Moscow Patriarchate - Kosovo independence a blow to international law
Kosovan Albanians need to remember that you cannot build a peaceful and successful life at somebody else's expense, the Russian Orthodox Church said. "Certainly, the Albanians who live in Kosovo like any other people, who at any moment in history can wish for the life of peace and dignity. But you cannot build such a life at the expense of others," deputy chief of the Moscow Patriarchate Department for External Church Relations Archpriest Vsevolod Chaplin said, commenting on the unilateral declaration of Kosovan independence.
This event is a breach of the international law, "one of the most crucial principles of which is the inviolability of territorial integrity of the state," the priest said. "This principle in the international legal system is not inferior to the idea of human rights, and an attempt to otherwise interpret international law is biased," Fr. Vsevolod said. That the global community has failed to prevent this breach by ceding to forceful and political pressure "is the most serious blow to the very foundation of the legal system of international relations," he said.
Most non-Albanians have left Kosovo, and hundreds of churches, which are part of world cultural heritage, have been destroyed and vandalized, and "this was accompanied by outrageous nationalist propaganda," the priest said. Patriarch of Moscow and All Russia Alexy II spoke of these instances on many occasions in public speeches and during meetings with high officials from various countries, Fr. Vsevolod said. Hopefully, the remaining Serbs and other non-Albanians will not have to leave their homes and their spiritual and cultural legacy will not be disappear from the surface of the globe, the Church official said.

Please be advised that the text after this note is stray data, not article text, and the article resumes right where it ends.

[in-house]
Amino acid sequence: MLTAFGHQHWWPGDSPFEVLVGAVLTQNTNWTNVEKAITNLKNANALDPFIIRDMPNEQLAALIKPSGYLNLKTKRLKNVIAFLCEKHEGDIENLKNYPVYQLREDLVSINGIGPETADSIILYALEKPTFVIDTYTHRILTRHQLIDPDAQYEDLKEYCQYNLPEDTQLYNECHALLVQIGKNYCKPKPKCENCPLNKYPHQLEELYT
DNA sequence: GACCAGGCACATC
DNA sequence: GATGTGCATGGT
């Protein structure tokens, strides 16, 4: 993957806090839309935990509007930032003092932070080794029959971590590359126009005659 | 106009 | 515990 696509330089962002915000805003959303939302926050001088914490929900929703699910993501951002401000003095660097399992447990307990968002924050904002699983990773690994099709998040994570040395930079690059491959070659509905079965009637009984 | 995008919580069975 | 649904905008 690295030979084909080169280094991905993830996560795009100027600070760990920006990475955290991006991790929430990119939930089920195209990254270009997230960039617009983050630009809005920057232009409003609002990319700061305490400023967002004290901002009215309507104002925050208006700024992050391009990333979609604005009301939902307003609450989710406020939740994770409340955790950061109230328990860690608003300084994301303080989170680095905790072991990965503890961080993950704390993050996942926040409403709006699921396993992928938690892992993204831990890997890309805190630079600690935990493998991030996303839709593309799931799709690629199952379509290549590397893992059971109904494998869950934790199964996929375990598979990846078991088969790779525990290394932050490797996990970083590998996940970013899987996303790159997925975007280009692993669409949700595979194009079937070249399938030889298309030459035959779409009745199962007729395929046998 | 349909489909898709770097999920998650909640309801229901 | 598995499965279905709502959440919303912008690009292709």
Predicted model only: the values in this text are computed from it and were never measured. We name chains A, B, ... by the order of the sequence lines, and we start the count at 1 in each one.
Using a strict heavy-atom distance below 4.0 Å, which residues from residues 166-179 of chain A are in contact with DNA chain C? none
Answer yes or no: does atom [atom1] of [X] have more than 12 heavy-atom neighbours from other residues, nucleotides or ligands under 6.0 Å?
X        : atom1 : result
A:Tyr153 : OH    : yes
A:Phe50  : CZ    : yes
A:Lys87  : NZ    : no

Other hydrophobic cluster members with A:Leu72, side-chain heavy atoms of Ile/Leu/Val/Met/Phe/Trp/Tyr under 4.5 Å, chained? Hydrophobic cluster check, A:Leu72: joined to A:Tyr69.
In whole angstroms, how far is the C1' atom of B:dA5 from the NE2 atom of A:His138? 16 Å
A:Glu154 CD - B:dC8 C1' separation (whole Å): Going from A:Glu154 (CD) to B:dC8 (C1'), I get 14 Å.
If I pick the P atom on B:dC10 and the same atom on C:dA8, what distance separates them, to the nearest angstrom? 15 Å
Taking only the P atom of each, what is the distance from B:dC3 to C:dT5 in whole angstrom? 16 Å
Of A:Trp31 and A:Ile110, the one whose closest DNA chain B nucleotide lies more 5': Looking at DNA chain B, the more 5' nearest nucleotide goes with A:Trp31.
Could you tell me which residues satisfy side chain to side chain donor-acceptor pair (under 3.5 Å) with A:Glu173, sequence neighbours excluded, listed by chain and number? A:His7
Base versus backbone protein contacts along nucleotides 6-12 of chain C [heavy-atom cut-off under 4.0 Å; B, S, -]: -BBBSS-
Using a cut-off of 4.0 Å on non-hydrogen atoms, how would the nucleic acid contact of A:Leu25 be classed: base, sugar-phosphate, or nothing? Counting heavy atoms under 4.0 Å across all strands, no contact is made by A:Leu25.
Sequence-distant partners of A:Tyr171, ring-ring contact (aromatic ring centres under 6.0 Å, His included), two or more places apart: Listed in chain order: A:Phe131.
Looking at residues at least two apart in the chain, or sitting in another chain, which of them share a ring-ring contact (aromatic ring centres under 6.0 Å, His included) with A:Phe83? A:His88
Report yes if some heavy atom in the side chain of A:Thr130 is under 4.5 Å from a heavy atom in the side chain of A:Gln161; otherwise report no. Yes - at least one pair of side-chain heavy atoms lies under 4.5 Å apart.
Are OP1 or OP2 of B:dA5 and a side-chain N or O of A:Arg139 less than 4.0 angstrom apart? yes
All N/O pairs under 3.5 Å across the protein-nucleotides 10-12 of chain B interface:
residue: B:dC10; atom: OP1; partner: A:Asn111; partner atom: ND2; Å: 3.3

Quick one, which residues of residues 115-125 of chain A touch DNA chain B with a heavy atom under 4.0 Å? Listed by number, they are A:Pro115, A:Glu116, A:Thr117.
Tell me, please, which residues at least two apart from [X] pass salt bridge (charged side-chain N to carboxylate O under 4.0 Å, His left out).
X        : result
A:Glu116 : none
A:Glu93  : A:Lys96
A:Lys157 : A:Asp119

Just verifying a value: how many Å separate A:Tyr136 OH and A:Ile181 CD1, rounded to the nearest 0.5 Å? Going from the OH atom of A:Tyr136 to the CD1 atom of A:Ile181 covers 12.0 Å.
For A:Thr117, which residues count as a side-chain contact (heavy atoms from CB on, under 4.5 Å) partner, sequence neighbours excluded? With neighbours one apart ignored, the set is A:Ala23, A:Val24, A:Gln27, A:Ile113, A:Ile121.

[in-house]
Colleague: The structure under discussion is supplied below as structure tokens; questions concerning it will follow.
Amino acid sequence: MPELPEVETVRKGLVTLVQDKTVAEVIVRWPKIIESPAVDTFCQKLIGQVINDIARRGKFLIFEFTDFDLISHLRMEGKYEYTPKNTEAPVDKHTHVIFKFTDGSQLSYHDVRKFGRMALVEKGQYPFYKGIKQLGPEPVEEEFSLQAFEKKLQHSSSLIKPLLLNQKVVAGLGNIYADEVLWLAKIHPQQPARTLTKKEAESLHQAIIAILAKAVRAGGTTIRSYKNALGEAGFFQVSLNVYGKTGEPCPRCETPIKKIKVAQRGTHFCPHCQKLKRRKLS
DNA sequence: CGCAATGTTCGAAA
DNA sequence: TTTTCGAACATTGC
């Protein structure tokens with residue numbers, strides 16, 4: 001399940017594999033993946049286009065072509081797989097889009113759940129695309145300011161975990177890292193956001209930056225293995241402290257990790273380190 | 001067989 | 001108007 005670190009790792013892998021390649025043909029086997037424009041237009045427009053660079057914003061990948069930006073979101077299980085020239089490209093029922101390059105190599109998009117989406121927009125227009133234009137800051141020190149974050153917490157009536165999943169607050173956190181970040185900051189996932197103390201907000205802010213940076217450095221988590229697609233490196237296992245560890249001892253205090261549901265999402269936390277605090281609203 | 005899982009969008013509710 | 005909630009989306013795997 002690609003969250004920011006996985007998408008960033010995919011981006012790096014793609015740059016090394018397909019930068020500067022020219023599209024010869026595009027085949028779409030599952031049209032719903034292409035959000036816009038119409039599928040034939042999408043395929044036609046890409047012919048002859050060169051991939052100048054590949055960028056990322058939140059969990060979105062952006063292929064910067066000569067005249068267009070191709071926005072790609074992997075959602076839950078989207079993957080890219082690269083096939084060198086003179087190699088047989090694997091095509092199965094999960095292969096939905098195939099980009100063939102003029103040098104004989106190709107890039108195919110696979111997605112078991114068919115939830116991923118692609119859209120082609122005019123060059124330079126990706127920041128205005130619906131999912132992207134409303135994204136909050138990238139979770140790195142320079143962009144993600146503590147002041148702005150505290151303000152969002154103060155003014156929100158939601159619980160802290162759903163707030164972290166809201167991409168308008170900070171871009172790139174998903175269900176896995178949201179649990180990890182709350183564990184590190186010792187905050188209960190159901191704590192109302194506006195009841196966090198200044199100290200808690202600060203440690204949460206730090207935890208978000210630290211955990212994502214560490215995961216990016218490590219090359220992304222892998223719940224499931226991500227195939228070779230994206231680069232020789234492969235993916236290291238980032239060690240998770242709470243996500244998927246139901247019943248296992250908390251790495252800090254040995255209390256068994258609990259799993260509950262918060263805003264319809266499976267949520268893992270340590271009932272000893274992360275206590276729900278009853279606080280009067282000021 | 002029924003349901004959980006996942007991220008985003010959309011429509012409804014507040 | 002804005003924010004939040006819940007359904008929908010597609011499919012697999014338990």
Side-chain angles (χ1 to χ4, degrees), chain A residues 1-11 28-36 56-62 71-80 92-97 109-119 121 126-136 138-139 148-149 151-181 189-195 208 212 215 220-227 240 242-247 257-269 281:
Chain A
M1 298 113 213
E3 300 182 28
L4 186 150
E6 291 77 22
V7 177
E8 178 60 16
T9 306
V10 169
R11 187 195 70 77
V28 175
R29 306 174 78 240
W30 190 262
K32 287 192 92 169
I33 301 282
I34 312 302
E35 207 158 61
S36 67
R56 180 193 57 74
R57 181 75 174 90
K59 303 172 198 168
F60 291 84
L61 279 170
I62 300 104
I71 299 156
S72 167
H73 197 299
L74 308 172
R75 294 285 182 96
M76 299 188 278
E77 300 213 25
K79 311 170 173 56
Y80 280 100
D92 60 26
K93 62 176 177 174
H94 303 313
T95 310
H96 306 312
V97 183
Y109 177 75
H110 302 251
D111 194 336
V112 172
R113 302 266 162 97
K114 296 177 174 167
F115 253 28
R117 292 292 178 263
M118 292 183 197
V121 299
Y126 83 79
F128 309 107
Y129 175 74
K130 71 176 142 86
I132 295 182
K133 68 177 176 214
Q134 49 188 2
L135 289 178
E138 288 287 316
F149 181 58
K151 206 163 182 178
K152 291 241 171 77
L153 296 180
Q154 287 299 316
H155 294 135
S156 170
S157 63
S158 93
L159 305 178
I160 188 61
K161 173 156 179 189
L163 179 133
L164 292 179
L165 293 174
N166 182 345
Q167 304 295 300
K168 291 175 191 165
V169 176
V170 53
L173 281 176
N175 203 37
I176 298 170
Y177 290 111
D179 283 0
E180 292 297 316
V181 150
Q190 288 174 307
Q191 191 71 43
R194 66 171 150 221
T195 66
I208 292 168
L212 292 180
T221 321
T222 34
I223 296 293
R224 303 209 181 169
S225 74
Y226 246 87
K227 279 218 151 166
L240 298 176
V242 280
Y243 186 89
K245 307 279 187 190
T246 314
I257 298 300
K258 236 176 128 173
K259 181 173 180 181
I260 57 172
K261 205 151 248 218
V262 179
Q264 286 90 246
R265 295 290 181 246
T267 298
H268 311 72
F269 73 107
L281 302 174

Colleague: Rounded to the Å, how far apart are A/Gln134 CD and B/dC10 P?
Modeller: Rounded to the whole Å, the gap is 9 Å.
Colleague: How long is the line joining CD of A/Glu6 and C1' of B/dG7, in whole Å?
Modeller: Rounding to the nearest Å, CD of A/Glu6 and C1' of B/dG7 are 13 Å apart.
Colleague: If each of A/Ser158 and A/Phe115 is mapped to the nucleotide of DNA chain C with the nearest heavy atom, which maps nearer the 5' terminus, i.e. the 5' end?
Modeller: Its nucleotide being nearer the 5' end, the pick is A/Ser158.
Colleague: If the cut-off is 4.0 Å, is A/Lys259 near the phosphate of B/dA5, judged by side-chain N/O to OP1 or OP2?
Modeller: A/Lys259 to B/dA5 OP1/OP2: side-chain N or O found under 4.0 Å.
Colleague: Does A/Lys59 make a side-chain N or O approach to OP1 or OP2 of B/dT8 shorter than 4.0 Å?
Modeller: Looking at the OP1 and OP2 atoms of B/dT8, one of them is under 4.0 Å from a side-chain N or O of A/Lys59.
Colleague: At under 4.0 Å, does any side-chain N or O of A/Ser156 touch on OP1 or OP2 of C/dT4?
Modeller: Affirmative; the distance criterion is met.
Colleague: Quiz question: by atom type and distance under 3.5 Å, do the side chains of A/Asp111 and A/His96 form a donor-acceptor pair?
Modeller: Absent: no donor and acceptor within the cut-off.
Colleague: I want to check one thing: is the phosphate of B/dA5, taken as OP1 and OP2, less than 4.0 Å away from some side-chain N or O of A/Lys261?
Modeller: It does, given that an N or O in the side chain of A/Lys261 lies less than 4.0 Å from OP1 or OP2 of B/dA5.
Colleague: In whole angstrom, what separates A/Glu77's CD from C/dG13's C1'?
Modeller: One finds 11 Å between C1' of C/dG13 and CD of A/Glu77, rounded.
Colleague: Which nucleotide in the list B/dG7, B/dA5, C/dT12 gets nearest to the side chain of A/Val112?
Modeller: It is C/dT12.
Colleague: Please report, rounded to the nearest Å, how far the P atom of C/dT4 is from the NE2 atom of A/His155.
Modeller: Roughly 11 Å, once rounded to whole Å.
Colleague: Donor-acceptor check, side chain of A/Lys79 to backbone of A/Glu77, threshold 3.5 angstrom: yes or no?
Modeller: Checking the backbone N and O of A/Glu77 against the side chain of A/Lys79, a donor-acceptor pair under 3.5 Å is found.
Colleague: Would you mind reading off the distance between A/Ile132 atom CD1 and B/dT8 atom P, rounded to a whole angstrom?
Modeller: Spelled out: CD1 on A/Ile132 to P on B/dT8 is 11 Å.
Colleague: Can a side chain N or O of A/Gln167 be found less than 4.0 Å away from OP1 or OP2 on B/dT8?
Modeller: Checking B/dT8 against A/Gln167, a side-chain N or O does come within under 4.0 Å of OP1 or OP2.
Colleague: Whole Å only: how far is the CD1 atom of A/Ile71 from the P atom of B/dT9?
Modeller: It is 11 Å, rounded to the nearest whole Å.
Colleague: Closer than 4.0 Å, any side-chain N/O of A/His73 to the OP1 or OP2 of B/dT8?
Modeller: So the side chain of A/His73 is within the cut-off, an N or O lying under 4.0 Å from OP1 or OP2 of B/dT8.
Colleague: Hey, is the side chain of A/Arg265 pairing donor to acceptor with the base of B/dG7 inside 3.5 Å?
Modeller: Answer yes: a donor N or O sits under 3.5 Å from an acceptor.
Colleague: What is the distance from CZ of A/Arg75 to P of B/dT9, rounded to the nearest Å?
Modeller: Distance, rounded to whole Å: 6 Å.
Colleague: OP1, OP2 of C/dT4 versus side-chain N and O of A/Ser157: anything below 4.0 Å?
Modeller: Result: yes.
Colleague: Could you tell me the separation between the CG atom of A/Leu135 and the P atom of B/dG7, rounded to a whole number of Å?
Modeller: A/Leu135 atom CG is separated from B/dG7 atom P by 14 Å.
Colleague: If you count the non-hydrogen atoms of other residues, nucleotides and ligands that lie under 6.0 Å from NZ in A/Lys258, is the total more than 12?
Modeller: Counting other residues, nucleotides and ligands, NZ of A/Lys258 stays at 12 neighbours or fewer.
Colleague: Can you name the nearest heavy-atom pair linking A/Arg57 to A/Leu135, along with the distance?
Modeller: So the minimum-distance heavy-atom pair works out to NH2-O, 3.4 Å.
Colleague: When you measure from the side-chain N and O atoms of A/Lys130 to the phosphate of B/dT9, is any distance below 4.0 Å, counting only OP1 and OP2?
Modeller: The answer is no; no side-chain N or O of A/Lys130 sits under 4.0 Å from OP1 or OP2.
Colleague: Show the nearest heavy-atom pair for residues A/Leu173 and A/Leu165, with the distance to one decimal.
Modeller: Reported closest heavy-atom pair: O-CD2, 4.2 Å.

"I would like to hope that the Serb Orthodox Church which has an old spiritual center in this province will continue normal life in Kosovo, by developing its mission and service," Fr. Vsevolod said. However, "previous events leave little hope for this," he added. Nevertheless, all countries of the world today must do everything they can to make sure that people of various ethnicities can live a free and peaceful life in Kosovo and have an opportunity to fulfill their hopes and expectations and to choose for themselves a lifestyle both on a governmental level and on an ethnic community level. "When one party to a conflict feels injustice and is suffering, the conflict cannot be deemed resolved, and this should be clear to all those who make decisions in Kosovo itself and in countries which are trying to take responsibility for the people who live there."